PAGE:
Leadership and its paradoxes

I was never a leader because I understood leadership to be titles and reputation and thus I was one of the masses that believed it’s their right to blame leadership for everything happening in their community and professional lives.
In a journalism class, my writing teacher would sit talking everything under the earth, without writing even a single word on the board.  Students were agitated – they wanted notes, dictations, books and he instead in our class was challenging all of that. He was silently questioning deep-rooted attitudes, somewhere trying to liberate those latent faculties that make a human being a writer. But not many are seekers of themselves, of true knowledge! Not everyone wants to be challenged! We all live in self-made bubbles, our kingdoms in which our notions are kings ruling over all subjects of our psyche.
I was always keen to listen to him but maybe was too inexperienced to understand him and his intentions then. I was only twenty-one years old in his class, fresh out of a small town.
Years later when journalism as an industry had disillusioned me and that happened in the first job itself, it was my teacher’s attitude of non-conformity that helped me believe in myself, pitch my voice and have the courage to stand out, take decisions that would normally not be taken in a career. Not that today I have made renown of myself, that was never my goal – but I do see that my wisdom permeates my knowledge, and my quest keeps getting liberated and wider.
Understanding leadership and its fundamentals began when as a volunteer I started gathering a team for an activism driven media. It was a cause I was extremely passionate and selfless about, involved putting up a team of twenty people from around the country. These people came from different professions, were highly skilled and were all there to contribute selflessly to the cause. However, by the time I could implement something I was left with only one collaborator.
If it was a 9-5 job and I was in it just for the heck of it, I wouldn’t have probably bothered. But what I was doing was driven by my heart and spirit and with so much of energy invested in it, as the endeavour progressed I had many questions. I wanted to understand how and why do people blame me for something they haven’t been able to adhere to. I started questioning my skills, abilities, attitude and behaviour. I wanted to for the first time, impelled by a real life situation understand - how leaders lead the team, how organisations work and how synergy is built. For the first time, I understood success isn’t easy, leadership isn’t glamourous – leadership is about relationships, it goes far beyond one’s ideas and perceptions held dear at any point, it involves letting go at every moment. It involves empowering other people; it involves acting foolish to let others take the limelight, and it involves a whole lot of moment-to-moment positive investment in people. In a way it’s like consciously parenting, educating, and mentoring, supervising lots of people together – it’s a tough job, and maybe that’s why leaders are built by tough life situations. They aren’t built by comforts and can’t be built by selfish motivations. They are far and few!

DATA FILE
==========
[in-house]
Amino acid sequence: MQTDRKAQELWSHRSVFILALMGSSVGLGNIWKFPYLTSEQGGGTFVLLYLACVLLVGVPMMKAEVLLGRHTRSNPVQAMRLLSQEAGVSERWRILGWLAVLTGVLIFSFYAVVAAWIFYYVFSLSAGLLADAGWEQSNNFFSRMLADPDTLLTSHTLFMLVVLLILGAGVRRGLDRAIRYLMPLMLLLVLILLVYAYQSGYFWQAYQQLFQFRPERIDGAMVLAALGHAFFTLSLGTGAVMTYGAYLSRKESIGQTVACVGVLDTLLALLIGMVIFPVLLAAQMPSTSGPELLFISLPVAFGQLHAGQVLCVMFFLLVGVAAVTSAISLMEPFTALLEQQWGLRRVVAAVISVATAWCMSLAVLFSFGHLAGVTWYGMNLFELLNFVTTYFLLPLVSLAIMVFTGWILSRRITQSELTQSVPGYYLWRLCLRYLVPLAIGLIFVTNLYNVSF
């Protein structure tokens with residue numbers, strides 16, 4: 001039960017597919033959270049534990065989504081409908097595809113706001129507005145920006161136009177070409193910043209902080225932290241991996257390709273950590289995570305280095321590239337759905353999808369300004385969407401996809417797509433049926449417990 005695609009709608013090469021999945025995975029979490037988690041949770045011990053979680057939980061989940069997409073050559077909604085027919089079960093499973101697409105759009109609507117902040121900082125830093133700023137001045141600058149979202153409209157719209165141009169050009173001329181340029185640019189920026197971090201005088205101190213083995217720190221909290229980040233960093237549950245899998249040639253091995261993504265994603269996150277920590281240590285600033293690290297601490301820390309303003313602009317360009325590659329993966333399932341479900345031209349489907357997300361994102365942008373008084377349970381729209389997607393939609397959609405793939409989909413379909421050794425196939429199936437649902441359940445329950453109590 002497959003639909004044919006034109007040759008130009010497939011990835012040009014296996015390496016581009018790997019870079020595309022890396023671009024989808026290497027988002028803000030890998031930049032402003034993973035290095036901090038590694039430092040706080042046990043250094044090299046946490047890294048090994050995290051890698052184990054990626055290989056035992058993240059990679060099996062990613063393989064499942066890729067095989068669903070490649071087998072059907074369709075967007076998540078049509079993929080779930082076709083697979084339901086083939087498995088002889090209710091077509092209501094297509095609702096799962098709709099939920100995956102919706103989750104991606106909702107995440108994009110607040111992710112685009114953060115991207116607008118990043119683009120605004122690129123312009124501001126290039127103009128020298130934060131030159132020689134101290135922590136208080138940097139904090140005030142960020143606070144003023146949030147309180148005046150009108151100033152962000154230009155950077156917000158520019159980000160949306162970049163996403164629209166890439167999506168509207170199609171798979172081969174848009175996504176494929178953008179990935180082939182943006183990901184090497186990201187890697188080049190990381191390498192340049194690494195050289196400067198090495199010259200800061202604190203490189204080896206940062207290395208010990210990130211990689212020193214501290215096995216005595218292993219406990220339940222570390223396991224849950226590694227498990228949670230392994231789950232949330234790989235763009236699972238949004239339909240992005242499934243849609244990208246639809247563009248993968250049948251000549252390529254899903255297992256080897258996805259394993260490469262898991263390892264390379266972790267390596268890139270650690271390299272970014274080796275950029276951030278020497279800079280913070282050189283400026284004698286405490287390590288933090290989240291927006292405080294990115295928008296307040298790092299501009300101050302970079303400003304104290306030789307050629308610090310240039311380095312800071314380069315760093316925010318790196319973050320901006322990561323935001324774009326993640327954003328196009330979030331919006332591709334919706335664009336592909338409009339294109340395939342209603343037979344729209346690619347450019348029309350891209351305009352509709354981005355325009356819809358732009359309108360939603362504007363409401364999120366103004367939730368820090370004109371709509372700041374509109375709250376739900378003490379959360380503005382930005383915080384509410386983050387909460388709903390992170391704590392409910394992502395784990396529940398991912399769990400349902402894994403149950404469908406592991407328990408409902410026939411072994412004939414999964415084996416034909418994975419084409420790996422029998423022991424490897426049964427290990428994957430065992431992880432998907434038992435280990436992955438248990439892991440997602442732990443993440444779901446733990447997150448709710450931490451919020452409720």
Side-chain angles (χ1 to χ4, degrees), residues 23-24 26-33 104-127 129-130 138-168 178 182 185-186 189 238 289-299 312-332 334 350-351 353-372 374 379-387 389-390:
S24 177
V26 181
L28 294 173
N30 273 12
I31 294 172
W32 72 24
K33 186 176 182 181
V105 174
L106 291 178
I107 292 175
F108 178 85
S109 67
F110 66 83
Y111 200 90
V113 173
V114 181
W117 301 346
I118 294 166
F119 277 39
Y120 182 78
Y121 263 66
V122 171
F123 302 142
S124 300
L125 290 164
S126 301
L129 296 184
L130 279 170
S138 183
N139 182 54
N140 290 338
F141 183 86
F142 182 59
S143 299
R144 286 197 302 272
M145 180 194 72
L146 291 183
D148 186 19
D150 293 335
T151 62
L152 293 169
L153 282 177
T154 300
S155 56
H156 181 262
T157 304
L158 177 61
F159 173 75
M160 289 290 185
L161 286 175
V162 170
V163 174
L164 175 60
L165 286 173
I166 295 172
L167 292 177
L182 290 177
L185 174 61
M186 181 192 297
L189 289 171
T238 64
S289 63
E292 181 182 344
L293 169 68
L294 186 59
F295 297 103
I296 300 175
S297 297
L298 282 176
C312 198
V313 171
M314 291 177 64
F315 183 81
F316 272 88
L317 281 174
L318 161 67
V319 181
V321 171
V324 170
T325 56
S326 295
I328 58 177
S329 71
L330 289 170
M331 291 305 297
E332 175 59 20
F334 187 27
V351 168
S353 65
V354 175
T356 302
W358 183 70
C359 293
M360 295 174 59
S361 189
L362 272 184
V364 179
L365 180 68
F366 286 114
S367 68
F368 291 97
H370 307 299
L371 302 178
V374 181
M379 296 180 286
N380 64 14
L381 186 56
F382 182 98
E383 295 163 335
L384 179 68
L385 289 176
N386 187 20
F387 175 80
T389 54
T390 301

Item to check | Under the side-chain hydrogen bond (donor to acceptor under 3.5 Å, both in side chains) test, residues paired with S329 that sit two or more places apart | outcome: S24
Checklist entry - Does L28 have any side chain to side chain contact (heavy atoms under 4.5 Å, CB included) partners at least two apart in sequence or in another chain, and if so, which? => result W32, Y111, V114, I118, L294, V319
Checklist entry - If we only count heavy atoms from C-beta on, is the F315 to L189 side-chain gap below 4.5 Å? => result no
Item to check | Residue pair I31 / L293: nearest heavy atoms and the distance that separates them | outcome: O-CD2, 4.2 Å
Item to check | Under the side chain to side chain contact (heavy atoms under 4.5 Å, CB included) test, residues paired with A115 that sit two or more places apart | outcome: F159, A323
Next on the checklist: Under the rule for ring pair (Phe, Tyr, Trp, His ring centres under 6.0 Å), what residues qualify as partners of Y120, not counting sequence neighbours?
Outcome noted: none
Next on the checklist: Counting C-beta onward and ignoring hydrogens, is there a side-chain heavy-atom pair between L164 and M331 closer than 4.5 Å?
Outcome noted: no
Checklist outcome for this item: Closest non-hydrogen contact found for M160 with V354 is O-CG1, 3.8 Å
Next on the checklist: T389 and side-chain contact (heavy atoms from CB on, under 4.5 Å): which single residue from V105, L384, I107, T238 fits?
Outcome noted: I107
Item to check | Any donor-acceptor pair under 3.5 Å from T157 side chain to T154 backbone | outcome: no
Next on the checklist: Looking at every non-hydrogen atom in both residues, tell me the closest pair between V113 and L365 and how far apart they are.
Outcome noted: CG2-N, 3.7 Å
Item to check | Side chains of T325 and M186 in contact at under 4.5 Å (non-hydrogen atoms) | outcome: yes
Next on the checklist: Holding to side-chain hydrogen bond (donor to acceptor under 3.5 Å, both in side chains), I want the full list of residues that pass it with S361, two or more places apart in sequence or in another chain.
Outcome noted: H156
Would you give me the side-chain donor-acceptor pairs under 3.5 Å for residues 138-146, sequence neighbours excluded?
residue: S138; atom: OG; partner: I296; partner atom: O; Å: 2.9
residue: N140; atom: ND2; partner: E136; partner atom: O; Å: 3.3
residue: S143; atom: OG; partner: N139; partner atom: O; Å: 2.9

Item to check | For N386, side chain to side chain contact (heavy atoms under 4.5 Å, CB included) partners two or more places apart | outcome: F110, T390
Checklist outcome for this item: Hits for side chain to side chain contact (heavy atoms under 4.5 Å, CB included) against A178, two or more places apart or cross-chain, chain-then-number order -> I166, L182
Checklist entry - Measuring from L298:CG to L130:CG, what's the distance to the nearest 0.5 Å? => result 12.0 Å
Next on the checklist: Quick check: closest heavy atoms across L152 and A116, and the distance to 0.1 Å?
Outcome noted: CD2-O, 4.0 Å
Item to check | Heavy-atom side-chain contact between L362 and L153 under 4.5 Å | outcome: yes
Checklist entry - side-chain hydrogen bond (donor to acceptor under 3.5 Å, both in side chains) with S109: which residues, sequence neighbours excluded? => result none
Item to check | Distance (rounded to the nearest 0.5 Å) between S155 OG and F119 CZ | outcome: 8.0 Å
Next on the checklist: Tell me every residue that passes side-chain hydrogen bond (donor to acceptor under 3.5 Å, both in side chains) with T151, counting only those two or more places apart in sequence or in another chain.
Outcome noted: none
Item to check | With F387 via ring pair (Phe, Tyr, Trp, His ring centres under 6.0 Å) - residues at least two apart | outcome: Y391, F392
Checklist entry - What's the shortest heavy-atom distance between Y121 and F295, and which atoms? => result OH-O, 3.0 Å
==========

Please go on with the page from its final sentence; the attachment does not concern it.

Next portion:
Accept challenges, look within rather than blaming the system and other people or for that matter fate, believe in yourself and your cause and be bluntly honest in looking within for the cause of misery, problem or challenge that manifest outside. Adhere to a value system and make it your prime intention and practice and in due course, as you lose track of identifying yourself special, the world will start to recognise you a leader. Leaders are born and not created! Thus the best mentor will give you an environment that challenges your fears. Whether you jump to flight from the cliff is a choice only you will make.

Venus Upadhayaya is a journalist and a passionate media professional, she works for school staff leadership development and empowerment of young people, her email is venusupadhayaya@gmail.com .

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